Canel History, Family Crest & Coats of Arms

Irish surnames are all based on the Gaelic language native to Ireland. The original Gaelic form of the name Canel is O Conaill.

Early Origins of the Canel family

The surname Canel was first found in County Limerick where O'Connell was the chief of Hy-Cuilean, a territory south-east of Abbeyfeale, in the barony of Upper Connello near the borders of Cork and Kerry. The O'Connells had their chief residence in Castle Connell. In the twelfth century the O'Connells settled in Kerry. One reference claims that the O'Falvies, admirals of Desmond; the O'Connells, of Kerry; O'Sheas, chiefs of Muskerry, in Cork; and several other chiefs, claim descent from the Clan na Deaga, Chiefs of Munster, originally a branch of the Heremonians of Ulster.

The Cannell variant is "a name peculiar to the Isle of Man, is from the Celtic MacConaill." [1]

Early History of the Canel family

This web page shows only a small excerpt of our Canel research. Another 209 words (15 lines of text) covering the years 1000, 1300, 1641, 1621, 1678, 1743, 1833, 1775 and 1826 are included under the topic Early Canel History in all our PDF Extended History products and printed products wherever possible.

Canel Spelling Variations

The Middle Ages saw a great number of spelling variations for surnames common to the Irish landscape. One reason for these variations is the fact that surnames were not rigidly fixed by this period. The following variations for the name Canel were encountered in the archives: Connell, O'Connell, Cannell, Connall, Conell, Conall, Connill, Connull, Connel, Connal, Connul, Canell, Cannel, O'Connall, O'Conell and many more.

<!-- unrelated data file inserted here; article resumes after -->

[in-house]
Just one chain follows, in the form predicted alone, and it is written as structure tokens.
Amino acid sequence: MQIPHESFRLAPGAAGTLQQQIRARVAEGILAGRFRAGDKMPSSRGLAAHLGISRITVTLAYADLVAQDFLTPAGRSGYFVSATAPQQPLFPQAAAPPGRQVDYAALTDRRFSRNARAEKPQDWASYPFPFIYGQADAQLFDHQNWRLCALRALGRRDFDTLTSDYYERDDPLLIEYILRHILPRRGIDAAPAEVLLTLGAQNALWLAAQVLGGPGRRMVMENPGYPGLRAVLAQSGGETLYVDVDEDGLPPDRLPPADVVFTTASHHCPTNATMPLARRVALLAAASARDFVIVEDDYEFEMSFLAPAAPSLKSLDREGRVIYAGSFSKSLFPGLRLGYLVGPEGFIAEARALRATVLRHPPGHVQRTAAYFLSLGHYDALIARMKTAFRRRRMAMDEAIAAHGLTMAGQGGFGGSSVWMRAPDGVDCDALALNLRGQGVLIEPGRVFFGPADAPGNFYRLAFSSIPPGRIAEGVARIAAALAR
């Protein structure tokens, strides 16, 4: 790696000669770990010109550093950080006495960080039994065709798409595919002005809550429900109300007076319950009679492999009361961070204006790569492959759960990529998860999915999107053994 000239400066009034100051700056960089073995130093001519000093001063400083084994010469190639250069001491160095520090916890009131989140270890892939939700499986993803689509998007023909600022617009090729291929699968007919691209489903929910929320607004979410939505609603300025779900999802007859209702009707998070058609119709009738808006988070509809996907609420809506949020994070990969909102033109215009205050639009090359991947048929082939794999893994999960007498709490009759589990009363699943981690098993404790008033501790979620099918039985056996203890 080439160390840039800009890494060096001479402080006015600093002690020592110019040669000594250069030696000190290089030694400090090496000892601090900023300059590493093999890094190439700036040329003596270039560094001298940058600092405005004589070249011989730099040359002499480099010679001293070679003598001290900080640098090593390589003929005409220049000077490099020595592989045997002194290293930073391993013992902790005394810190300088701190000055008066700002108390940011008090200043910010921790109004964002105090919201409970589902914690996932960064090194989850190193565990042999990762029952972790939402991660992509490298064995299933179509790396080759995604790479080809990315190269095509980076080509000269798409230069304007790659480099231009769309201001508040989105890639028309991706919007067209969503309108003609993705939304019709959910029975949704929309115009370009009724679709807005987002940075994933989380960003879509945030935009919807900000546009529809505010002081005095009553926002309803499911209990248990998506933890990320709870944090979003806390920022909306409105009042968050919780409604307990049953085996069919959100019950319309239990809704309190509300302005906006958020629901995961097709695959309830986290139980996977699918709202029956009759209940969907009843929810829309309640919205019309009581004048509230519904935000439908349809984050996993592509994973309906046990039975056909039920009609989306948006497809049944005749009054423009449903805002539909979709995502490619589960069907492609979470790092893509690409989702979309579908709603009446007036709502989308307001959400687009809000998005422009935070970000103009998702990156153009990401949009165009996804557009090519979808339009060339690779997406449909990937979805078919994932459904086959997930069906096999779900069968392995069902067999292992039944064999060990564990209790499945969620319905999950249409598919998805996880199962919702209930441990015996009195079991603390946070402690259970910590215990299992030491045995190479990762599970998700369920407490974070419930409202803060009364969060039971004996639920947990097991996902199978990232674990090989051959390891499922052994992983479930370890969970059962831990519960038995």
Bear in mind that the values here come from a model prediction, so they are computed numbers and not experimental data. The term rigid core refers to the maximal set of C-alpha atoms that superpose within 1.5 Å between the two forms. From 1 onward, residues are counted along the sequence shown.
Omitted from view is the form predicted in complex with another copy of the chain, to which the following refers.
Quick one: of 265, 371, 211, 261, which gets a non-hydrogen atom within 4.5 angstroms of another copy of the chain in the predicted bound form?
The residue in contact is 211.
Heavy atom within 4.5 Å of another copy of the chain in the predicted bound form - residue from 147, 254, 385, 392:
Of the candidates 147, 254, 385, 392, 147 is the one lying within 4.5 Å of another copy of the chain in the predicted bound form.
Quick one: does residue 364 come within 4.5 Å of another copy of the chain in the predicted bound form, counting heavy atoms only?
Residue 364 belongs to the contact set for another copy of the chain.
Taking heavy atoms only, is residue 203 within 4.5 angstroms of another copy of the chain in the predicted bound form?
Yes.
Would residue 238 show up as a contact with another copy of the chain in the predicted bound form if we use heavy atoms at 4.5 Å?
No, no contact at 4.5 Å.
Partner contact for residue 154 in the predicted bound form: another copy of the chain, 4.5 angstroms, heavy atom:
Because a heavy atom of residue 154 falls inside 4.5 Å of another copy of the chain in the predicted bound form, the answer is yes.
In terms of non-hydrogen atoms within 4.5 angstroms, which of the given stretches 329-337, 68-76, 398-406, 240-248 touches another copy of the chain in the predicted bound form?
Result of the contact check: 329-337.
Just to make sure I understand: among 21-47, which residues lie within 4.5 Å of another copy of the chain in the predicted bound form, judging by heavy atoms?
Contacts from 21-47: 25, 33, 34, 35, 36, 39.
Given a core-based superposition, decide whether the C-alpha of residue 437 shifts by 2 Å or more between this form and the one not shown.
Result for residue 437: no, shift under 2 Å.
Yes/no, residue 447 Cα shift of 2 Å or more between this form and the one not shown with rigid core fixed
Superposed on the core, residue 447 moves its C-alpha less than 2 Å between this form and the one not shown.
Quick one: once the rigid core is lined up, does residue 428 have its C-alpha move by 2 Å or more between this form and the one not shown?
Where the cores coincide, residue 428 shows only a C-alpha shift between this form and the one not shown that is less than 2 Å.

Early Notables of the Canel family (pre 1700)

Another 28 words (2 lines of text) are included under the topic Early Canel Notables in all our PDF Extended History products and printed products wherever possible.


Australia Canel migration to Australia +

Emigration to Australia followed the First Fleets of convicts, tradespeople and early settlers. Early immigrants include:

Canel Settlers in Australia in the 19th Century
  • Mr. John Canel, British Convict who was convicted in Abingdon-on-Thames, Oxfordshire, England for 7 years, transported aboard the "Eden" on 12th March 1842, arriving in Tasmania (Van Diemen's Island) [2]


The Canel Motto +

The motto was originally a war cry or slogan. Mottoes first began to be shown with arms in the 14th and 15th centuries, but were not in general use until the 17th century. Thus the oldest coats of arms generally do not include a motto. Mottoes seldom form part of the grant of arms: Under most heraldic authorities, a motto is an optional component of the coat of arms, and can be added to or changed at will; many families have chosen not to display a motto.

Motto: Ciall agus neart
Motto Translation: Reason and power.


  1. ^ Harrison, Henry, Surnames of the United Kingdom: A Concise Etymological Dictionary Baltimore: Geneological Publishing Company, 2013. Print
  2. ^ Convict Records Voyages to Australia (Retrieved 15th December 2021). Retrieved from https://convictrecords.com.au/ships/eden


Houseofnames.com on Facebook